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Do disabled people get special protection at work?

The Equality Act 2010 makes it illegal for employers to discriminate on disability grounds. This applies to recruitment, terms and conditions of employment, promotion, and selection for redundancy or dismissal. There are some important points to remember:

  • direct discrimination is against the law
  • an employer may sometimes be able to treat a disabled person less favourably, if they have a sufficiently justifiable reason for doing so. For example, an employer would be justified in rejecting someone with severe back pain for a job as a carpet fitter, as they cannot carry out the essential requirements of the job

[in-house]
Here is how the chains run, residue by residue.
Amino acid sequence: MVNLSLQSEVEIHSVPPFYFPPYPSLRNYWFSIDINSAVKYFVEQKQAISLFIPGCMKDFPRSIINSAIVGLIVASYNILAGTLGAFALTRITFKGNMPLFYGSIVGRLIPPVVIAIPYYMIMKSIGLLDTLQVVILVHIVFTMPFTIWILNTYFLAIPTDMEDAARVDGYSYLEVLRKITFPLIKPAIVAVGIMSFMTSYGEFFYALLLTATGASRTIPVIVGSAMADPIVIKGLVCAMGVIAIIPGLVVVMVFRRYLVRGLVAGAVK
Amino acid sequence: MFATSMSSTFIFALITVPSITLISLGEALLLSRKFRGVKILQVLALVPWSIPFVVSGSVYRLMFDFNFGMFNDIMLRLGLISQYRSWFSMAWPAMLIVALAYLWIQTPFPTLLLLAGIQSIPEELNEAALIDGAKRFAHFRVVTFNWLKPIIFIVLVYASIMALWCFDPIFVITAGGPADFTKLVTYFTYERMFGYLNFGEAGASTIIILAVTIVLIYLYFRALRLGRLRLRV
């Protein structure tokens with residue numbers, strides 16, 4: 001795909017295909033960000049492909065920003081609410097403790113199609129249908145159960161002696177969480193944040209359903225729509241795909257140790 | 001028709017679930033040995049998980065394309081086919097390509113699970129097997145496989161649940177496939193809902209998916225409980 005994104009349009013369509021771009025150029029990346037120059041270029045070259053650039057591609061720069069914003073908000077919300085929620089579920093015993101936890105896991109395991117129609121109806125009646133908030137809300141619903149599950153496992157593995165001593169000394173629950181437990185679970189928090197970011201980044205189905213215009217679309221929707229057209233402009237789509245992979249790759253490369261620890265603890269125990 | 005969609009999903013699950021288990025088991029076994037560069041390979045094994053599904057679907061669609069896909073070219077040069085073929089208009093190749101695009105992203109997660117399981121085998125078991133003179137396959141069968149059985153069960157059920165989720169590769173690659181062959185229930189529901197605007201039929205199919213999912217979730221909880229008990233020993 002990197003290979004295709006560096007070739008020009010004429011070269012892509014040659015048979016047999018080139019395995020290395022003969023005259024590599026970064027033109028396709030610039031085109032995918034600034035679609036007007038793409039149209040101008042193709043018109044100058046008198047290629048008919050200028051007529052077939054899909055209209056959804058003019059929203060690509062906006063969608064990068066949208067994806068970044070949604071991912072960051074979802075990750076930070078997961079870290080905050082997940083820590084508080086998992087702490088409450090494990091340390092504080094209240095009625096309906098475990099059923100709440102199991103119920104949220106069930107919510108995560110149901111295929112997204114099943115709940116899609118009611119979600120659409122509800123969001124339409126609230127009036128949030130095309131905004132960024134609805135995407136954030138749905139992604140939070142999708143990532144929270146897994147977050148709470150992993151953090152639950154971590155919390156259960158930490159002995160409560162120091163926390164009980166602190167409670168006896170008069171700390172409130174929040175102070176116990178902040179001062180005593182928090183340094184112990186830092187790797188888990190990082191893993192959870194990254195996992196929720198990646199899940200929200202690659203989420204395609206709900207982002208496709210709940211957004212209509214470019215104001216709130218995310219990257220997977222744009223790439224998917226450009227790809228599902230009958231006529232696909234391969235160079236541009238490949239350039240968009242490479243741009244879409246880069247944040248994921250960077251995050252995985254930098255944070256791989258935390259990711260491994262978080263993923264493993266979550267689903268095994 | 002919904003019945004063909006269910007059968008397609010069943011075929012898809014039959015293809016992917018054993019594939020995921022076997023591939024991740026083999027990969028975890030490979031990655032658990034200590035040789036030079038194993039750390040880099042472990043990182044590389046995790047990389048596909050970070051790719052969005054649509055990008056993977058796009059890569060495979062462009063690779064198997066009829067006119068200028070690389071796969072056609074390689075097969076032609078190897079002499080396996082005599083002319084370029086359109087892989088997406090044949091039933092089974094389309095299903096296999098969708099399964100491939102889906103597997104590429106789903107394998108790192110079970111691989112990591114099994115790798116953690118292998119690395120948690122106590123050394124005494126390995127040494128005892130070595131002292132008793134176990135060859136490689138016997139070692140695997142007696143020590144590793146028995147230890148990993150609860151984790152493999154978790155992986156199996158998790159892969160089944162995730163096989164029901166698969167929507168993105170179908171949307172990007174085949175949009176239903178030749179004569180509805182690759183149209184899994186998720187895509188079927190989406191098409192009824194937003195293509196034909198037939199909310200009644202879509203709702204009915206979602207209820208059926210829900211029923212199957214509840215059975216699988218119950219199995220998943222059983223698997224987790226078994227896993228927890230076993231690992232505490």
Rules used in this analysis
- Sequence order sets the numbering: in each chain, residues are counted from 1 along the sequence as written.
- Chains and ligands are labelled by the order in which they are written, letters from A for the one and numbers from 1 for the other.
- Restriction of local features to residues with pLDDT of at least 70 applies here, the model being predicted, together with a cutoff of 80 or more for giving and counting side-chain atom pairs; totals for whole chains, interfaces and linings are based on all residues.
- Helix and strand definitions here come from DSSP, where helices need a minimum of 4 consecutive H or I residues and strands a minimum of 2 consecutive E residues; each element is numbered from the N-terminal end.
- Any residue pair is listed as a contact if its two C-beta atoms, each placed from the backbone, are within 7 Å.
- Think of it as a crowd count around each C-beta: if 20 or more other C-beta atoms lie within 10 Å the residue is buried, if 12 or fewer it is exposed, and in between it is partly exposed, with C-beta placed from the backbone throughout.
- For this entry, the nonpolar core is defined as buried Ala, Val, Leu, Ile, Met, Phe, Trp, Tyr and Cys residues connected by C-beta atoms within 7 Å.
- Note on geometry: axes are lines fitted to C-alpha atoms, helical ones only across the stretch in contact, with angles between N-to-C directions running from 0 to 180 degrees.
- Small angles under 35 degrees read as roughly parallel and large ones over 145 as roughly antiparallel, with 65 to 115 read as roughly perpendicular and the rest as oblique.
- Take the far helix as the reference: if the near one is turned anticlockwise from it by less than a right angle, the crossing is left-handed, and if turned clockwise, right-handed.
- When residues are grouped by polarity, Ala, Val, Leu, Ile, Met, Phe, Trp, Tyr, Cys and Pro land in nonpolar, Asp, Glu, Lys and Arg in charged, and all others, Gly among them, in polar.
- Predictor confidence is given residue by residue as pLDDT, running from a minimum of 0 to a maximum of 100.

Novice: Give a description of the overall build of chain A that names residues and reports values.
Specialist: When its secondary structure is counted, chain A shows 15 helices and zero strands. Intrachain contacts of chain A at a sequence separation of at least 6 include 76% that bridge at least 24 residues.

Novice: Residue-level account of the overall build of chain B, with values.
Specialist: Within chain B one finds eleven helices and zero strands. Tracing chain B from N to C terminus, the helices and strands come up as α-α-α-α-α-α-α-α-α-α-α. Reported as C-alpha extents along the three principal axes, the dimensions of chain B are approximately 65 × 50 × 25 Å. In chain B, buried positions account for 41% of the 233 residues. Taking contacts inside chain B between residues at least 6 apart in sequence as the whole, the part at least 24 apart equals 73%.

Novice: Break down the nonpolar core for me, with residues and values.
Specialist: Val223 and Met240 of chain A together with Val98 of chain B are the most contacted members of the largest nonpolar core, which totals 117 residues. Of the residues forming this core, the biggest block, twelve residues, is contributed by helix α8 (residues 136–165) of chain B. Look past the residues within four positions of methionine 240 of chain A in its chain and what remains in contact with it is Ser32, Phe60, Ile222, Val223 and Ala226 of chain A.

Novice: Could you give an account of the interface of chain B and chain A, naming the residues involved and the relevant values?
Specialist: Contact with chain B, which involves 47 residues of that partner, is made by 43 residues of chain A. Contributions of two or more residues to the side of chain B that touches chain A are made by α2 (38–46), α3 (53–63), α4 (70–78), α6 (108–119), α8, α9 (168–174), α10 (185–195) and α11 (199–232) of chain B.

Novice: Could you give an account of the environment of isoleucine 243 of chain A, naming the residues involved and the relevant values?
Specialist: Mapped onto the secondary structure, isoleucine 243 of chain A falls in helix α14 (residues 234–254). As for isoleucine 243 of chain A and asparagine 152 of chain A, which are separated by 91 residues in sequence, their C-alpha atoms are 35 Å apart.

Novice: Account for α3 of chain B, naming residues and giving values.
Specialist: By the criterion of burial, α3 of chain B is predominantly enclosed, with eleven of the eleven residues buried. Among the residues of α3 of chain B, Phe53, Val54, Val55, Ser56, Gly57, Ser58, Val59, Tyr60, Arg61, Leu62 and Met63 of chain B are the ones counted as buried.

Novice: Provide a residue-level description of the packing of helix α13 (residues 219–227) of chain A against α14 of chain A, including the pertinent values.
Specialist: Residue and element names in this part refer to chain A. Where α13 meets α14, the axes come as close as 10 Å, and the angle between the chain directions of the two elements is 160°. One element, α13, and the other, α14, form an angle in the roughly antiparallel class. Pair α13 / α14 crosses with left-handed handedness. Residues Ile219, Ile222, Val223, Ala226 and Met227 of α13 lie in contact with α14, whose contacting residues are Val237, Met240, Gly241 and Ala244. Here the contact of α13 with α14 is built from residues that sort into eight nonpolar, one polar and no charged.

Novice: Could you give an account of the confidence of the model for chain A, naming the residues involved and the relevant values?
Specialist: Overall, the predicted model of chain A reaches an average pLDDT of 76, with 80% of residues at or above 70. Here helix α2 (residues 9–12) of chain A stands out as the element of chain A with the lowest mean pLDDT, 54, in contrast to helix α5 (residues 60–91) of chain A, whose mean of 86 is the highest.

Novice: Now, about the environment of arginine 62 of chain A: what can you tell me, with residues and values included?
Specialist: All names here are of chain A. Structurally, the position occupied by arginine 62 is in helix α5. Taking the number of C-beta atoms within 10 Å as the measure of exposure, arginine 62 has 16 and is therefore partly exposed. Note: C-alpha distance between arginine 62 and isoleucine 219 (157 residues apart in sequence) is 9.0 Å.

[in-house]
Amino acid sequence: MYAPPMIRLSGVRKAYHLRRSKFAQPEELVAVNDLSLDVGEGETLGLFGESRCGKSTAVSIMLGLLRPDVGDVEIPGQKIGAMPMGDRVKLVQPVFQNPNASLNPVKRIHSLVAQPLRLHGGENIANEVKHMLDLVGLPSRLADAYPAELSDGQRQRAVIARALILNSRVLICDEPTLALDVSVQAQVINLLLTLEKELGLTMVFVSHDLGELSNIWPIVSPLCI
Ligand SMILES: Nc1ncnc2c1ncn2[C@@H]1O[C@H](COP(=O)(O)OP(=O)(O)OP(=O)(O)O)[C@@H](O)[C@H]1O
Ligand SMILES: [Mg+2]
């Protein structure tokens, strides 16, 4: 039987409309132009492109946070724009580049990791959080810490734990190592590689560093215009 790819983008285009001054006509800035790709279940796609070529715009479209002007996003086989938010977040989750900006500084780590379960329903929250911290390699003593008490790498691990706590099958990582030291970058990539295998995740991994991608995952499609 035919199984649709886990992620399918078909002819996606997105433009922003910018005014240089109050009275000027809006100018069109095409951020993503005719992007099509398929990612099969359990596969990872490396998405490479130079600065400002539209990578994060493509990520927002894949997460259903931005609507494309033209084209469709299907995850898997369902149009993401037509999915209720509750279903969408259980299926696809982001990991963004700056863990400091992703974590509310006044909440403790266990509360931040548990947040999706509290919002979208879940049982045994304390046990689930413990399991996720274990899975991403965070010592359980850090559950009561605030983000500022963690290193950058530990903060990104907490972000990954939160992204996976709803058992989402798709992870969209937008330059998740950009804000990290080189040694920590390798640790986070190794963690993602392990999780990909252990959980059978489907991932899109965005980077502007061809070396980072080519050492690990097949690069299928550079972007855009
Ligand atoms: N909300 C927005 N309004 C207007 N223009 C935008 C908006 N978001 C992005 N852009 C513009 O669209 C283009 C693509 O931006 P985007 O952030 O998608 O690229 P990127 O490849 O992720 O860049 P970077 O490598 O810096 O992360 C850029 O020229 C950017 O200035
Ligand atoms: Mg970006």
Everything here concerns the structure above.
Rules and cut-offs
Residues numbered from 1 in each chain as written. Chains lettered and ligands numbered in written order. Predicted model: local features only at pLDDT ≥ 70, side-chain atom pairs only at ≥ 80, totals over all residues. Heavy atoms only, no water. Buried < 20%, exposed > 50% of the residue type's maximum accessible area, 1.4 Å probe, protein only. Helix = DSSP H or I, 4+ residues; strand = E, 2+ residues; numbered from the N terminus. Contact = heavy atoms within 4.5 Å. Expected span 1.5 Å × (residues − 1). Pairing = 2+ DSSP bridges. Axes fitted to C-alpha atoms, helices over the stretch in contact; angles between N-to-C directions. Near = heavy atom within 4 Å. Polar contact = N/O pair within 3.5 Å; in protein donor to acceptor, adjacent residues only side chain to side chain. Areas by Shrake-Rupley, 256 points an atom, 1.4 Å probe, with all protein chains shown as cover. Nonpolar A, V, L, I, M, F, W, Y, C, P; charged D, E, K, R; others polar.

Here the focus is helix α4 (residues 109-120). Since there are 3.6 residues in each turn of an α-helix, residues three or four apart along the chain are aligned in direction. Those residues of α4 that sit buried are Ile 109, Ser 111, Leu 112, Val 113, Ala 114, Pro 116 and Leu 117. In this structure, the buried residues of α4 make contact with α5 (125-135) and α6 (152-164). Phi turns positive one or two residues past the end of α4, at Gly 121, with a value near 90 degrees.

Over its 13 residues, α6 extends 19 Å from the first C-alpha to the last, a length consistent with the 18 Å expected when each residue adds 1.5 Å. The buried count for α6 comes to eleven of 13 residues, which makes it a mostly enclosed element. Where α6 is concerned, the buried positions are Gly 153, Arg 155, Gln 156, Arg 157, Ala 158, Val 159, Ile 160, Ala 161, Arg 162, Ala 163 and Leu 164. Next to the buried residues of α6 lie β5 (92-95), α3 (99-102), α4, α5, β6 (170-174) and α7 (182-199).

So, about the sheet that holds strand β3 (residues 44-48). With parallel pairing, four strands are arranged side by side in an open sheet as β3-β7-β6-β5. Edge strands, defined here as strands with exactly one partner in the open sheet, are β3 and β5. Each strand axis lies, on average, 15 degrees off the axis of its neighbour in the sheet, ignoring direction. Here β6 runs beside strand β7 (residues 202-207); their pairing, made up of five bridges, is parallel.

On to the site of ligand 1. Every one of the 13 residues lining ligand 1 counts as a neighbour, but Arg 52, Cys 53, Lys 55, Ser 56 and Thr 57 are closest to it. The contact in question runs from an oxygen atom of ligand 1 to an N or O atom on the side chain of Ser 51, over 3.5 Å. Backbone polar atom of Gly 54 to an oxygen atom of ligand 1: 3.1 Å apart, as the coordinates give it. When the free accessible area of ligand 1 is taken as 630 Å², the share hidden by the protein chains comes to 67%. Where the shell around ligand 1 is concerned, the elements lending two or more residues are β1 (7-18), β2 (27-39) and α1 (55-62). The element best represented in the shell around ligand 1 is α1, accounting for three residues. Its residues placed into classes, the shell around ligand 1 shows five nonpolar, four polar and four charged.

• if your employer fails to make 'reasonable adjustments' for your disability, this is discrimination
  • discrimination can take place as a result of someone's disability. For example, a worker is given night shifts to do. She has kidney failure and has nightly dialysis. Making her do night shifts will result in unfavourable treatment and will be illegal unless her employer can justify it
  • it is against the law for your employer, or anyone who works with you, to harass you because of your disability, for example by calling you names or making jokes about your disability
  • it is against the law for your employer to victimise you for taking action under the Equality Act, or for helping someone else to take action.

If you think you have been discriminated against because you have a disability, contact the Equality and Human Rights Commission.

For more information about what counts as 'reasonable adjustments' to the workplace, and for general information about what to do about disability discrimination, see Disability discrimination.

If you have experienced discrimination, you can also get help from the Equality Advisory Support Service (EASS) discrimination helpline.

More about the EASS helpline

Other Frequently asked questions about work: